- News The Daily Beast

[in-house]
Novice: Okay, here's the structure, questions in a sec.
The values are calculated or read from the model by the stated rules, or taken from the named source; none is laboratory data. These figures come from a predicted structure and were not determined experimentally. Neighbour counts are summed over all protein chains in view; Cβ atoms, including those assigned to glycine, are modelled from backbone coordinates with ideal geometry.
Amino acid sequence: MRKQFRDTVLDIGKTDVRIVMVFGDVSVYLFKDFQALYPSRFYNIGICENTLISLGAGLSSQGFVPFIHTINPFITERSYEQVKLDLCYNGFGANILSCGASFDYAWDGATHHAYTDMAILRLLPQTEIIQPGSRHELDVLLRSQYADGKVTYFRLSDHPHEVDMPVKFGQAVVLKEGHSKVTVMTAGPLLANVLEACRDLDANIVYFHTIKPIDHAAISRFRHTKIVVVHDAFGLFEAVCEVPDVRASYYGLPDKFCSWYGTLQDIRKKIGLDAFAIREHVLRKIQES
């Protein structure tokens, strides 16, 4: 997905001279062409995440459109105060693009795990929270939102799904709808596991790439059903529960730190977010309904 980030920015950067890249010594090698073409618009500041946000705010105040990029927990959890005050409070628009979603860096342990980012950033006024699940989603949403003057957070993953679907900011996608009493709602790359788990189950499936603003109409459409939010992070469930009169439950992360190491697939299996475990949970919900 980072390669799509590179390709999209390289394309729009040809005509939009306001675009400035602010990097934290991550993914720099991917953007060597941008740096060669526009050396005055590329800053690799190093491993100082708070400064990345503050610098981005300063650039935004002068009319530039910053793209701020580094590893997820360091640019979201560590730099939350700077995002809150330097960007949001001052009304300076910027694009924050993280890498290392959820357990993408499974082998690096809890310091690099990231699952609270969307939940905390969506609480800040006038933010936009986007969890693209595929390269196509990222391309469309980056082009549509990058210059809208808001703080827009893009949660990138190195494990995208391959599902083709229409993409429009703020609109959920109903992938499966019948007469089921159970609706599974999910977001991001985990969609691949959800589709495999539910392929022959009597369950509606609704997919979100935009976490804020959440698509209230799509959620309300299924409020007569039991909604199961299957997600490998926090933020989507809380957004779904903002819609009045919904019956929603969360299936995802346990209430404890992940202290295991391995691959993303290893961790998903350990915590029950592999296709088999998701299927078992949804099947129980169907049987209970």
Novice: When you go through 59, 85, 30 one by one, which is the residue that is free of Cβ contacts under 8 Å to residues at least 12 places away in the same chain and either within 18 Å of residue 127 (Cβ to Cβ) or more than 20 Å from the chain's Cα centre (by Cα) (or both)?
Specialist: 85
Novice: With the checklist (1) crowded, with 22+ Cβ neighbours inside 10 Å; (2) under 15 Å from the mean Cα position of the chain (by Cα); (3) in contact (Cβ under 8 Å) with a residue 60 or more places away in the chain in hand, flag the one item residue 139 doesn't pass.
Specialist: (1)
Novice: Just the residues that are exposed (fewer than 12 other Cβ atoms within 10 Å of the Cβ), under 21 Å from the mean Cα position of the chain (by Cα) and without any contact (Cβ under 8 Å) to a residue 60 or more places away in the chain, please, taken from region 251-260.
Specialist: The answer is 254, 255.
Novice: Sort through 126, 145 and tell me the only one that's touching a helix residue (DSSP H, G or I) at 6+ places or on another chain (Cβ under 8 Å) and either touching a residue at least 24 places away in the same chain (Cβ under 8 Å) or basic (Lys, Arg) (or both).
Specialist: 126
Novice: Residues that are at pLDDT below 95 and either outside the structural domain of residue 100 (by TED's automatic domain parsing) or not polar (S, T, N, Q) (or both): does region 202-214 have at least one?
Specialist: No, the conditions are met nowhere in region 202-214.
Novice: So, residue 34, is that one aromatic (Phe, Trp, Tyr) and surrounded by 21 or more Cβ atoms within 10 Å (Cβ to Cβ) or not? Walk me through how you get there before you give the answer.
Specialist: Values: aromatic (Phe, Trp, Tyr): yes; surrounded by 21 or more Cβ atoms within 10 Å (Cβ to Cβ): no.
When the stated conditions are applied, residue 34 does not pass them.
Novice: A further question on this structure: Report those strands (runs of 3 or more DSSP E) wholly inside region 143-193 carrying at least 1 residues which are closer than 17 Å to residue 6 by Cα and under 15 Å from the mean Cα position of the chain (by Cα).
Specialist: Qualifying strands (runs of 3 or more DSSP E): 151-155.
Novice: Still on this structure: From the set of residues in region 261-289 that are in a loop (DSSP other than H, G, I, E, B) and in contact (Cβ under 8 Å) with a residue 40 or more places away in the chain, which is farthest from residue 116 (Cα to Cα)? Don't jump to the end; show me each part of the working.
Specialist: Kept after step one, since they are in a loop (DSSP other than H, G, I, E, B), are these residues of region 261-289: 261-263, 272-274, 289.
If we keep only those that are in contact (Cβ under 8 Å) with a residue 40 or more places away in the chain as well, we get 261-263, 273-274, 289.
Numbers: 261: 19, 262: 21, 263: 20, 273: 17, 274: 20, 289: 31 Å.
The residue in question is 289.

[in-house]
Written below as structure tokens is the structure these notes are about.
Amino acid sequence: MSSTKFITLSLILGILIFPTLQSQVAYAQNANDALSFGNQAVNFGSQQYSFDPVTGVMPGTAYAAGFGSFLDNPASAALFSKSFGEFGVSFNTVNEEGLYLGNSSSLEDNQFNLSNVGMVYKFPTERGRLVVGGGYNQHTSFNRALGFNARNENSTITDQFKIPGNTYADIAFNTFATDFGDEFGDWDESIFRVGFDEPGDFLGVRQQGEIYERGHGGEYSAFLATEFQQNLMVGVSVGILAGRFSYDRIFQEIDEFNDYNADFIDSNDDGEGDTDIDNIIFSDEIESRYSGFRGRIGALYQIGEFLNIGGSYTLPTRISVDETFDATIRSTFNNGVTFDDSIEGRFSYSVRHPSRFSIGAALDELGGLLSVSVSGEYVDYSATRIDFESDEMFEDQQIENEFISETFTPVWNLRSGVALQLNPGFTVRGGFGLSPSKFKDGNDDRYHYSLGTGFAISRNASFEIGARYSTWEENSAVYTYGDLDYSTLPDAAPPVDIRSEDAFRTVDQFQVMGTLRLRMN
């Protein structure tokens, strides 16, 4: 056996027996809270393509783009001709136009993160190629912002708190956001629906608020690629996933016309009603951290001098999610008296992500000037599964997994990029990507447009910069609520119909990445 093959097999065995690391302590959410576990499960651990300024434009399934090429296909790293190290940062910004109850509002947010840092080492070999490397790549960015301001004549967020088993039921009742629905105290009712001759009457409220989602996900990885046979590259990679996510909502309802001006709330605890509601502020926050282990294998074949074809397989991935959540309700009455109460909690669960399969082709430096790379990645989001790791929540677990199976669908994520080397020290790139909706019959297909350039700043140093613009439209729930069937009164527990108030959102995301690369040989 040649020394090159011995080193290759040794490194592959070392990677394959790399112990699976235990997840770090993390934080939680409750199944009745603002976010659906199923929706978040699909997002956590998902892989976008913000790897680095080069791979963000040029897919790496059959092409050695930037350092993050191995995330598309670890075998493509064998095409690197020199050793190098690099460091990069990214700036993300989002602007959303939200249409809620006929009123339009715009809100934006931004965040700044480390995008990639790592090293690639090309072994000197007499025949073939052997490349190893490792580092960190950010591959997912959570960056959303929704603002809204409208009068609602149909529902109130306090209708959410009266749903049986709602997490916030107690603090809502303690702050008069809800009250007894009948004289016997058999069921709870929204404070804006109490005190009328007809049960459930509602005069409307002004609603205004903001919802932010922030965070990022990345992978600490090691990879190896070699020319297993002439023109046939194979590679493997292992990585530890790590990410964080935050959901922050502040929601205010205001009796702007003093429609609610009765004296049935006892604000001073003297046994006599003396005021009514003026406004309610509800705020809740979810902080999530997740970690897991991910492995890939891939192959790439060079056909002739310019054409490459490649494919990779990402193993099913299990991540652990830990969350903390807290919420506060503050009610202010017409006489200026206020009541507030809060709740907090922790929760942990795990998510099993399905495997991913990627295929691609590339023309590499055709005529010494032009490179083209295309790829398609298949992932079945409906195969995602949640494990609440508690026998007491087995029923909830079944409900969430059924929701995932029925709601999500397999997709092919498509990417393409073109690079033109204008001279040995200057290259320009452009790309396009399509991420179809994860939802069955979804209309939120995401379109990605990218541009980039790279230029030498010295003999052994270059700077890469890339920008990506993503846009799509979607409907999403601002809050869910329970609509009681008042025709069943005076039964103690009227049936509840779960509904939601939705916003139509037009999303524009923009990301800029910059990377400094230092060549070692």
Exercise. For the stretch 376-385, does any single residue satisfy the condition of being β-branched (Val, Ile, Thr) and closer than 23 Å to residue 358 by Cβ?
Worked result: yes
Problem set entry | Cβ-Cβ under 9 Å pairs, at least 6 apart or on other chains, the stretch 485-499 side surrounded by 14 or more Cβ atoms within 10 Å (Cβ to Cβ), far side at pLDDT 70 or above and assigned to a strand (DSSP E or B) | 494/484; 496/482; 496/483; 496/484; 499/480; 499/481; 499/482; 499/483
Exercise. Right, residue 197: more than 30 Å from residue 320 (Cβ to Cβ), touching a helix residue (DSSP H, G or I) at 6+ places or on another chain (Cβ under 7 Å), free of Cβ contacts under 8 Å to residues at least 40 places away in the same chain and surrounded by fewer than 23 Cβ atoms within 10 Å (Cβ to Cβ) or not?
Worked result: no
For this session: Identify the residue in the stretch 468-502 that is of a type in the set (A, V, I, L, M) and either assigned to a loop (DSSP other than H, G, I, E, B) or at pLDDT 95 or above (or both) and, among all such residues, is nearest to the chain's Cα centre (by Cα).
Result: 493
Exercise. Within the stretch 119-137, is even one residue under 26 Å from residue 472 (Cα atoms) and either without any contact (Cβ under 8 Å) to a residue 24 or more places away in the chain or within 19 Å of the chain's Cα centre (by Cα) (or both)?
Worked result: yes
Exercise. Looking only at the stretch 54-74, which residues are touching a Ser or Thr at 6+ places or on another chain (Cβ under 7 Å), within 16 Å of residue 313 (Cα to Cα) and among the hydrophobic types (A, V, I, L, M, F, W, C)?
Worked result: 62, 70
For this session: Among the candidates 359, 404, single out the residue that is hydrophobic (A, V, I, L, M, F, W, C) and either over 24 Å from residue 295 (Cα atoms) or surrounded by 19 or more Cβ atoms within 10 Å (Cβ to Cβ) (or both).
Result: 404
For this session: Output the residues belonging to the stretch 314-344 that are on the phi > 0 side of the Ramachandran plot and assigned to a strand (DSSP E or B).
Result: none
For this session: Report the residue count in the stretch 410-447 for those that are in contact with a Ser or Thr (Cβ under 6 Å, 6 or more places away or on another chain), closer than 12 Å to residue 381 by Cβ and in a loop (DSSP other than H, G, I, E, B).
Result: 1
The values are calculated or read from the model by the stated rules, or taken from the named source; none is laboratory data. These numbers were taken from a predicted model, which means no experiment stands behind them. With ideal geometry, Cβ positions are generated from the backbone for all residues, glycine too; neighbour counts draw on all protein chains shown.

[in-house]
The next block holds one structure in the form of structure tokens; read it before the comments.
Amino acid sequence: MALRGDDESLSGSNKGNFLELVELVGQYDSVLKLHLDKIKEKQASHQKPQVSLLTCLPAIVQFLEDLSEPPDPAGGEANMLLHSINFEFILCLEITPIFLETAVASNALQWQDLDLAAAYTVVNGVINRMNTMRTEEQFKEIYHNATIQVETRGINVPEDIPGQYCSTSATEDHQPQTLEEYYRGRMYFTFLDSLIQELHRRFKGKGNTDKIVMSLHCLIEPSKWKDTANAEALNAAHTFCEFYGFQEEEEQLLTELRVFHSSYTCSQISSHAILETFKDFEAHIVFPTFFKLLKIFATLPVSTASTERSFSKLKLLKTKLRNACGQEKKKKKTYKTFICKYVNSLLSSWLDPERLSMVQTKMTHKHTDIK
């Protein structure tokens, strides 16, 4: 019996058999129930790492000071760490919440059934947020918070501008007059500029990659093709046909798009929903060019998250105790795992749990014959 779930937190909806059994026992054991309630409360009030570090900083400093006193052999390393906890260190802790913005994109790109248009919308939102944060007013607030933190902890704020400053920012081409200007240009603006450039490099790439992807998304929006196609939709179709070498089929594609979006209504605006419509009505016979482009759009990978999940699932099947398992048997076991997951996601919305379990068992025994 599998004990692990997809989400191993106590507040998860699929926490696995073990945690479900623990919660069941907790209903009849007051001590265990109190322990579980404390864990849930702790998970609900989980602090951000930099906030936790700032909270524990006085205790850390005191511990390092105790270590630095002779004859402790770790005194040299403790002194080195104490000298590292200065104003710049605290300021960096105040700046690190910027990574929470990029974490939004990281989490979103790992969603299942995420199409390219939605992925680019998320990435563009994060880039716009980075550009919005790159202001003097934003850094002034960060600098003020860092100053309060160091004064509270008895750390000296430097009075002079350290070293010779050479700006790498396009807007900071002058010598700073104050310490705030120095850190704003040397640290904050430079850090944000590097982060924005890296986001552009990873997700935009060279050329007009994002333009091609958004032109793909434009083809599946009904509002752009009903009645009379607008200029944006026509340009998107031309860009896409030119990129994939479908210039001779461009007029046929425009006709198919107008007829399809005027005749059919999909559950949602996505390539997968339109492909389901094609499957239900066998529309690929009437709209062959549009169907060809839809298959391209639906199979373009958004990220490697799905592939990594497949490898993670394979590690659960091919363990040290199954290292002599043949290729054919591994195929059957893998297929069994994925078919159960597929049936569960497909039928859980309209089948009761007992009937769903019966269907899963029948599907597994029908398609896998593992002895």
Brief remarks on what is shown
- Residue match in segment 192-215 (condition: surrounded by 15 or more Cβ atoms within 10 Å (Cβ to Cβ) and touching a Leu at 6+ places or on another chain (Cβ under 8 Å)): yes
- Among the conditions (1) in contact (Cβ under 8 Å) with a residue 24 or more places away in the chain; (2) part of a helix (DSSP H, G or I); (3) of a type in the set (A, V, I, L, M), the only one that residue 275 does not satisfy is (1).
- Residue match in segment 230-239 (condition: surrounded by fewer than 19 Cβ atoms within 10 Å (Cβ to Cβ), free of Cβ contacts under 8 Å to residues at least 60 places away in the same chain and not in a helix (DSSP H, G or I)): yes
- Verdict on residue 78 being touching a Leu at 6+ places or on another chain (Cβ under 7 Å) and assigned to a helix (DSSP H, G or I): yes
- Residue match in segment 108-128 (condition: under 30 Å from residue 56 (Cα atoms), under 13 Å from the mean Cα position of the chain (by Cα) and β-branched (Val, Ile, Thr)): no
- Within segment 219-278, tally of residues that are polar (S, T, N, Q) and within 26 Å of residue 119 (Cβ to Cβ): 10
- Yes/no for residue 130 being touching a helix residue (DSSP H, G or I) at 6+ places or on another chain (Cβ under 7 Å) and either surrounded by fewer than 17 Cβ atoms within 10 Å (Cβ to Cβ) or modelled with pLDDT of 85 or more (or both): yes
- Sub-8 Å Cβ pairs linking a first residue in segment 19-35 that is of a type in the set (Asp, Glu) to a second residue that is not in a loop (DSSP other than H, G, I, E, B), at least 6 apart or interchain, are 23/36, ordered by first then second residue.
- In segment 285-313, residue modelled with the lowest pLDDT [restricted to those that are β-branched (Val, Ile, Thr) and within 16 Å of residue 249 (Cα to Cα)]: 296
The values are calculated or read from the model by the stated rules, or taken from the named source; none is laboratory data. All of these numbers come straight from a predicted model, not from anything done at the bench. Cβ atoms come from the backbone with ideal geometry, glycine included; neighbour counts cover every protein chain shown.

President Donald Trump accused Democrats on Monday of scheming to alter witnesses’ transcripts from the impeachment inquiry, but a lawyer for a key witness said his client’s transcript looks fine. Robert Luskin, who represents Ambassador Gordon Sondland, a key witness and a Trump administration political appointee, said his client’s testimony hadn’t been altered. “No reason to believe that the transcript was altered, and the clarification was released in the form that it was submitted,” Luskin emailed The Daily Beast on Monday morning. Lee Wolosky, a lawyer for ex-Senior Director for Russian and Eurasian Affairs Fiona Hill, confirmed his client’s testimony was unaltered. “We have seen nothing to suggest that Dr. Hill’s transcript was altered (beyond routine correction of errata),” he wrote in an email. Thousands of pages of testimony have already been released and neither lawmakers nor witnesses have complained about the contents of the depositions. In addition to accusing Democrats of misdeeds without evidence, Trump said Republicans should release their own versions of the documents as a check. Sondland testified to the inquiry on Oct. 17, but updated his testimony just last week to say he had suspected the Trump administration withheld military aid from Ukraine to pressure the country into investigating a company linked to former Vice President Joe Biden. Democrats pointed to Sondland’s admission as evidence of their worst suspicions: that the administration put the president’s political goals over support for a key American partner at war with Russian-backed fighters. Sondland, however, also said in his update that nobody in the Trump administration told him about a quid pro quo scheme, and that he still does not know why Trump temporarily withheld the military aid. Sondland’s reversal has been pilloried on the right, with some Republicans even accusing him of working with Democrats. Trump, who a month ago described the ambassador as “a really good man and great American,” has not lashed out publicly at Sondland but planted what seemed to a kiss of death in comments to reporters last week. “I hardly know the gentleman,” Trump said, when asked about Sondland’s edited testimony. And Sen. Lindsey Graham, one of Trump’s most staunch congressional allies, suggested in a Fox News interview that Sondland may have conspired with Democrats to add the damaging material to his testimony. “Why did Sunderland change his testimony?” Graham said, inaccurately referring to Sondland. “Was there a connection between Sunderland and Democratic operatives on the committee? Did he talk to Schiff? Did he talk to Schiff’s staffers?”Trump’s anger with the inquiry is percolating as Democrats gear up for the first week of public impeachment hearings. On Wednesday, State Department officials George Kent and Ambassador Bill Taylor, the top U.S. diplomat in Ukraine, are set to testify before the House Intelligence Committee. Then on Friday, former U.S. Ambassador Marie Yovanovitch -who represented the U.S. in Kyiv until a scheme helmed by Rudy Giuliani resulted in her removal from that post-will testify. Transcripts from all three witnesses’ closed-door testimonies have been released. They include damaging allegations about Trump’s relationship with Ukraine. But some of the information that could cause the most trouble for the president is second- or third-hand. Read more at The Daily Beast.Get our top stories in your inbox every day. Sign up now!Daily Beast Membership: Beast Inside goes deeper on the stories that matter to you. Learn more.